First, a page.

There’s a reason for BP‘s (LSE: BP) new and heavier emphasis on green energy.
It is not just that producing more renewables good for the environment. It also gives the oil giant an opportunity for growth. BP believes renewables will grow faster than any other energy source in the medium term. The company sees renewable shares rising from 4% of all primary energy in 2019 to an estimated 15% by 2040.
The price of oil has been a poor performer over the past 10 years. There are predictions that oil demand might have already peaked last year. So, perhaps trying something new is the right idea. This assumes good execution, of course.
Given that BP is planning this push into low carbon energy, here is a closer look at how the company is trying to do more business in the sector.
How BP is trying to go ‘green’
While BP has emphasized green energy before, it is now planning to spend a lot more money than before in the sector. In terms of expenditures, BP recently disclosed an ambitious ‘10-fold’ increase in its low carbon investment budget, to around $5bn a year within a decade.
As a result, the oil giant expects to have substantial renewable energy operations by 2030. Specifically, the company targets bioenergy production of over 100,000 b/d, developed renewable generating capacity of 50GW by 2030, up from 2.5 GW in 2019, as well as a substantial hydrogen business.
BP also plans to adjust to the electric vehicle age. In addition to its traditional gas stations, the oil giant plans to increase the number of electric vehicle charging points to 70,000 by the beginning of next decade, from around 7,500 now.
As a result of investing more in green energy, BP believes it will reduce its emissions from operations by 30% to 35% by 2030, as well.
The expected returns of going green
BP management expects to generate a more sustainable return by going green.
In terms of the specific numbers, management expects to “diversify and improve the resilience” of its cash flow. In conjunction with its existing operations, management expects to have an average compounded annual growth rate of 7% to 9% to 2025 in terms of EBIDA per share.
I think BP’s green pivot is a great idea. Although transitions can be difficult, I think it’s better to get started earlier rather than later when it comes to adjusting to a long-term trend. By starting earlier, a company could potentially have more opportunities to gain economies of scale and advanced tech. A company would also have more experience which could improve efficiency.
Given that China has committed to going carbon neutral by 2060, there will be a lot of demand for green energy. As a result, I think there is also potential for outperformance if management executes well. If BP succeeds with its green ‘pivot’, I think the stock could garner a higher valuation in the long term.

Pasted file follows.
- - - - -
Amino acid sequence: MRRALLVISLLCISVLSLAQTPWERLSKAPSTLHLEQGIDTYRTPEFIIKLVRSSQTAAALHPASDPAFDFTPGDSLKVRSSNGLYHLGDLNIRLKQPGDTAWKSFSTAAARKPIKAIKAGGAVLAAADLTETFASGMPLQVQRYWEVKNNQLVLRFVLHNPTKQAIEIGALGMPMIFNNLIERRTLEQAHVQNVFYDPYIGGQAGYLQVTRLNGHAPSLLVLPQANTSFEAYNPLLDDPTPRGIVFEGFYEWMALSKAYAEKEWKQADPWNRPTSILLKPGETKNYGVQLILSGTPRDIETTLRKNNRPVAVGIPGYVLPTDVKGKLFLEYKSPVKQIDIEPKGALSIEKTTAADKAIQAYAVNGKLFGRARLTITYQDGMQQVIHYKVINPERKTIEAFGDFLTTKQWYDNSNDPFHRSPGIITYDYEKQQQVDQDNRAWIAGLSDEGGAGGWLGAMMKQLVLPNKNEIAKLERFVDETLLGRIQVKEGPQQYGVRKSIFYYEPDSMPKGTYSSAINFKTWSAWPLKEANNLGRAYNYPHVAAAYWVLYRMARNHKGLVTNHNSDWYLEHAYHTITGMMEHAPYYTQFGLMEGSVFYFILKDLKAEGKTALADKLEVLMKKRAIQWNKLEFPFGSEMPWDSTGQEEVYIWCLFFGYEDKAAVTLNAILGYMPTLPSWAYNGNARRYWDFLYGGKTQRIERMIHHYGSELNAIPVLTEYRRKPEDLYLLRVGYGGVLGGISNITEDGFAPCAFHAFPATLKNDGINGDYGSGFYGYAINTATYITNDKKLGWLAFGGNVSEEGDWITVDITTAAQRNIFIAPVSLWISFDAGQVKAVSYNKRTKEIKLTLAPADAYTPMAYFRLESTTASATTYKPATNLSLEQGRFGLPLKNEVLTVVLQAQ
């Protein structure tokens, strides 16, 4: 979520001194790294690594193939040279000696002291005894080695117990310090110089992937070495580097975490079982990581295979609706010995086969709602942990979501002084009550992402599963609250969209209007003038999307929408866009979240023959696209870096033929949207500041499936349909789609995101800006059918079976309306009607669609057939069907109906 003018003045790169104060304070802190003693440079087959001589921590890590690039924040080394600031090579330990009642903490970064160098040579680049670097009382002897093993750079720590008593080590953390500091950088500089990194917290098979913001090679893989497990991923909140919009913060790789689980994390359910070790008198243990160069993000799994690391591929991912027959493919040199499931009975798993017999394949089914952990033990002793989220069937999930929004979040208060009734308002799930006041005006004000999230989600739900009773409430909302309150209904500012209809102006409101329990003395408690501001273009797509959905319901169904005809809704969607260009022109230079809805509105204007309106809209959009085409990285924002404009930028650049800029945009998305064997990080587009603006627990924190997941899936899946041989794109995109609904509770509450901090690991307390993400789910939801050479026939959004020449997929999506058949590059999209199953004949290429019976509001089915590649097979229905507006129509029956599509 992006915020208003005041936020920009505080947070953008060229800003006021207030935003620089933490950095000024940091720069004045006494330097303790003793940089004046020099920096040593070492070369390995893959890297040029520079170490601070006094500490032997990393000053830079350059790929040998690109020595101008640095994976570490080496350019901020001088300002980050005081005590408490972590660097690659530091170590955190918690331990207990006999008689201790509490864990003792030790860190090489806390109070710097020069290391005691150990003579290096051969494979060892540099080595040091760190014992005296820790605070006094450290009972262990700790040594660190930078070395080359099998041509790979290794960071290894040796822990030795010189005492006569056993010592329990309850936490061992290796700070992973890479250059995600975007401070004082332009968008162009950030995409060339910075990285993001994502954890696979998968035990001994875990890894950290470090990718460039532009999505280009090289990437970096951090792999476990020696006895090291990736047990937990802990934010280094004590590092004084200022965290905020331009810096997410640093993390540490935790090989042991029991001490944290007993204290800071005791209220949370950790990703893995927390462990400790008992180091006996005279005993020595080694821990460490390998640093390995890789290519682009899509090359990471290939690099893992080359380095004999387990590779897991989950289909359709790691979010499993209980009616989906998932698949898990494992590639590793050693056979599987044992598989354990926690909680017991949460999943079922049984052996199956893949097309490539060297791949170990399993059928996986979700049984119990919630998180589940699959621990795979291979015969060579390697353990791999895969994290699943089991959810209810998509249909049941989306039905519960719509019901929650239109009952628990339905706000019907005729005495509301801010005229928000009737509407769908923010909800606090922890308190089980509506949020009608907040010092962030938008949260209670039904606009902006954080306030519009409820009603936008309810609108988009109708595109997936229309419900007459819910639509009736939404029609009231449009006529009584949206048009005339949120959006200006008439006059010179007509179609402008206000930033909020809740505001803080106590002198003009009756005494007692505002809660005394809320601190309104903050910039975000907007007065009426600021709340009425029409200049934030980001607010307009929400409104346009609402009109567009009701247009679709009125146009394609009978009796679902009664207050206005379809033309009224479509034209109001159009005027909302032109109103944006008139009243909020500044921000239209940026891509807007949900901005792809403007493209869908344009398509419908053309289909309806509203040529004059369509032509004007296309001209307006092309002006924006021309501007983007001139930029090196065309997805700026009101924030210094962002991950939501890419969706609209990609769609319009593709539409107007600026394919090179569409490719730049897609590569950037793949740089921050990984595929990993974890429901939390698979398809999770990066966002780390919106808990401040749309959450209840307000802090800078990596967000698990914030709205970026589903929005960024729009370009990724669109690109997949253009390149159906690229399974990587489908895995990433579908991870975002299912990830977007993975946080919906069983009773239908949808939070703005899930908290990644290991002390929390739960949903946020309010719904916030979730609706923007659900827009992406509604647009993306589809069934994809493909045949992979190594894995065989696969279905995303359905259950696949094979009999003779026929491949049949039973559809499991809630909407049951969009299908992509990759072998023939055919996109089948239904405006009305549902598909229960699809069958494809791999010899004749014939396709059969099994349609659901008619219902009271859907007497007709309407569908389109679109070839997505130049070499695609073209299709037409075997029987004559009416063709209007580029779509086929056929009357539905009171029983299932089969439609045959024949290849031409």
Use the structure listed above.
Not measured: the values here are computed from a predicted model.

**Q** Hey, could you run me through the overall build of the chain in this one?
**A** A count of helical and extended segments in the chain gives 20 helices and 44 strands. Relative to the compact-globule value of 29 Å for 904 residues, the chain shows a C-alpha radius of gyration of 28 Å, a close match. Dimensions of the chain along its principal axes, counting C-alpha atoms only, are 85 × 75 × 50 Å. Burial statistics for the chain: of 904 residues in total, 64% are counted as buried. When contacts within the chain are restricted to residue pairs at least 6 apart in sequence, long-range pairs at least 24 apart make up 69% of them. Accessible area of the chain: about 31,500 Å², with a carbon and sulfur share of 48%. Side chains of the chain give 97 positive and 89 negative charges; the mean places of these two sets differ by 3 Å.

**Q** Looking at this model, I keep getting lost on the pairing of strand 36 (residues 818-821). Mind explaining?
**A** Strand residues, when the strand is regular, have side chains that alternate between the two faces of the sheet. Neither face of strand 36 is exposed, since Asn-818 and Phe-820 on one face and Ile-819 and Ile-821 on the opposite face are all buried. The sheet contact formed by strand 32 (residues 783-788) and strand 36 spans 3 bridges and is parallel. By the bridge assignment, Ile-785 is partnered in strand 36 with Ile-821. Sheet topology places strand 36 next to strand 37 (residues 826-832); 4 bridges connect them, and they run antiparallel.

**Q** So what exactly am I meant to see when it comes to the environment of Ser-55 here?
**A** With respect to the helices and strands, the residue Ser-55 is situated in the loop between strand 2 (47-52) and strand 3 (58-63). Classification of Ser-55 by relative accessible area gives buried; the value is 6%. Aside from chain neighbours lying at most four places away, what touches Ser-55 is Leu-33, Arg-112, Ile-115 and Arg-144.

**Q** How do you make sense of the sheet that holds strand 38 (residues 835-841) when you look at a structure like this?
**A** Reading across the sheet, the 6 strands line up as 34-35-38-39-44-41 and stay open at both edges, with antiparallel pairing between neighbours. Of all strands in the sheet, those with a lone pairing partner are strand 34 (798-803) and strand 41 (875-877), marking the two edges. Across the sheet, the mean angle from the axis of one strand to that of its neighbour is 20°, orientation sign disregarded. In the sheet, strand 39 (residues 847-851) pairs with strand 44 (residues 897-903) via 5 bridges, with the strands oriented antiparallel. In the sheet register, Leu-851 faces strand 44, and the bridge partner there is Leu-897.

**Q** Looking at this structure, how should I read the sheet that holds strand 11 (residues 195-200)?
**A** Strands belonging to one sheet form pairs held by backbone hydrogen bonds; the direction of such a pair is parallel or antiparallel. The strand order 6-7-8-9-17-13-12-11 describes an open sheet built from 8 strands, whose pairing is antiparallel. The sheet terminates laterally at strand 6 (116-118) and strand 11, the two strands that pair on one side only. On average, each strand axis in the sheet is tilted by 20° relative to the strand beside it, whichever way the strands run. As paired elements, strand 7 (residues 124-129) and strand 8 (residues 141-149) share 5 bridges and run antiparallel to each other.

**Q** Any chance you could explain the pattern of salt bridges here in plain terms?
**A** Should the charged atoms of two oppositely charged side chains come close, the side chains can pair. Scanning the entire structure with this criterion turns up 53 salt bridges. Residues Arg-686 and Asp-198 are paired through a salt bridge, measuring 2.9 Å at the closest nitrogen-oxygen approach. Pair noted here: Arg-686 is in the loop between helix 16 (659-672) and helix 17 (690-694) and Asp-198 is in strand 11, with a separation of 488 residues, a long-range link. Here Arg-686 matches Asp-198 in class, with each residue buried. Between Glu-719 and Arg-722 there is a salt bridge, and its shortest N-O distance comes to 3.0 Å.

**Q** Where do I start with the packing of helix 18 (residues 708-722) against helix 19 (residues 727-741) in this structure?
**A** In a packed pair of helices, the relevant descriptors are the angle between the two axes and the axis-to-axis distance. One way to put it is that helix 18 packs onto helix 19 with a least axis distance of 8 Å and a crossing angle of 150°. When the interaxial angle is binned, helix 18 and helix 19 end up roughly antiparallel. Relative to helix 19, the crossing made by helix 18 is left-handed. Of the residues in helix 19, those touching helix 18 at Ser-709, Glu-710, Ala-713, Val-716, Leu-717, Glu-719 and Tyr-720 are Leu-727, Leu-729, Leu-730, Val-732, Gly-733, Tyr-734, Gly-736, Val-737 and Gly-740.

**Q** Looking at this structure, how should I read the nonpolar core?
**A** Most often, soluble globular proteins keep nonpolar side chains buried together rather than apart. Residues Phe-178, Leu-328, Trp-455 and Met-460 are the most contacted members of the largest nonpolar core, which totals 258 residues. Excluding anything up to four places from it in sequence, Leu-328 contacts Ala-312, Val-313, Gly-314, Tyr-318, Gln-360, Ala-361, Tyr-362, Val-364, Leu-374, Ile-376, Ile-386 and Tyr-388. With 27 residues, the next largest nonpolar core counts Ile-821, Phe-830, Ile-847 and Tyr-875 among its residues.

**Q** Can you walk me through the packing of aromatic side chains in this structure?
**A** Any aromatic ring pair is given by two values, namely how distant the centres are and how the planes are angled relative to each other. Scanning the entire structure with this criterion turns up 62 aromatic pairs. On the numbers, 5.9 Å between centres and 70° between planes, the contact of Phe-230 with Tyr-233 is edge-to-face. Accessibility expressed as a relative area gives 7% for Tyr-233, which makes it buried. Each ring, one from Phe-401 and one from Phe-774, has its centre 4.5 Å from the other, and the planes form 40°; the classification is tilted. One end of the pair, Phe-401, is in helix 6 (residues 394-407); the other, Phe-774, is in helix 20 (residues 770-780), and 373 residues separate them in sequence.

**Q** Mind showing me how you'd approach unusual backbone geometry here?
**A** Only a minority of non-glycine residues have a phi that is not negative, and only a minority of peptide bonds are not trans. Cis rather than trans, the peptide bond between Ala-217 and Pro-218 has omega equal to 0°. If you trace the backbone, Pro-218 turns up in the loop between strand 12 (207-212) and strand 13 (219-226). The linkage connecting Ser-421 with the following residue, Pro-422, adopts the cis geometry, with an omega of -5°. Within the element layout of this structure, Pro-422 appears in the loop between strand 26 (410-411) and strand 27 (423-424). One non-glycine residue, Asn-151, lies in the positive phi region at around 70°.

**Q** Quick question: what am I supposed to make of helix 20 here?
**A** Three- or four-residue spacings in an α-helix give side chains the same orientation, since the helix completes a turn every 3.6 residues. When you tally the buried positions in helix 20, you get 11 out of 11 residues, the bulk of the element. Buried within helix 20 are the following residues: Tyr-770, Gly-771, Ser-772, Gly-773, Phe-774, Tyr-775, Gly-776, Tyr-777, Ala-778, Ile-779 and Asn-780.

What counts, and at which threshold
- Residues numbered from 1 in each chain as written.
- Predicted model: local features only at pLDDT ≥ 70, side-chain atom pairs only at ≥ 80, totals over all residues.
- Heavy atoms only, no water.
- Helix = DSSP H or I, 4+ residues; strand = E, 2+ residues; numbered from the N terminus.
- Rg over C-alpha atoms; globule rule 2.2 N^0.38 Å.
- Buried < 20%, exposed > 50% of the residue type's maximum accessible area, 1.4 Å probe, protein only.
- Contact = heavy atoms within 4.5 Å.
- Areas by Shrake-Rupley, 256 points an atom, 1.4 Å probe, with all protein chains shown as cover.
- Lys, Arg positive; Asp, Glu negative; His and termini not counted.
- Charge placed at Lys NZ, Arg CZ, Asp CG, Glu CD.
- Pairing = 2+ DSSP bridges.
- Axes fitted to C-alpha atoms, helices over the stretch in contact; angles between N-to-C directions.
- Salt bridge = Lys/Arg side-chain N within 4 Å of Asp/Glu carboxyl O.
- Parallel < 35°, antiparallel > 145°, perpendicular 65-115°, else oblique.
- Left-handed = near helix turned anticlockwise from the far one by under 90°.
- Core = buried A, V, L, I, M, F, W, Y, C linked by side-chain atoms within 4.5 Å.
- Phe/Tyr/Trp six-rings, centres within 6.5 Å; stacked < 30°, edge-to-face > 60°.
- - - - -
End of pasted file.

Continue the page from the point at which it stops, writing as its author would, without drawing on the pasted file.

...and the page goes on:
Markets around the world are reeling from the coronavirus pandemic…
And with so many great companies trading at what look to be ‘discount-bin’ prices, now could be the time for savvy investors to snap up some potential bargains.
But whether you’re a newbie investor or a seasoned pro, deciding which stocks to add to your shopping list can be daunting prospect during such unprecedented times.
Fortunately, The Motley Fool is here to help: our UK Chief Investment Officer and his analyst team have short-listed five companies that they believe STILL boast significant long-term growth prospects despite the global lock-down…
You see, here at The Motley Fool we don’t believe “over-trading” is the right path to financial freedom in retirement; instead, we advocate buying and holding (for AT LEAST three to five years) 15 or more quality companies, with shareholder-focused management teams at the helm.
That’s why we’re sharing the names of all five of these companies in a special investing report that you can download today for FREE. If you’re 50 or over, we believe these stocks could be a great fit for any well-diversified portfolio, and that you can consider building a position in all five right away.
Jay Yao has no position in any of the shares mentioned. The Motley Fool UK has no position in any of the shares mentioned. Views expressed on the companies mentioned in this article are those of the writer and therefore may differ from the official recommendations we make in our subscription services such as Share Advisor, Hidden Winners and Pro. Here at The Motley Fool we believe that considering a diverse range of insights makes us better investors.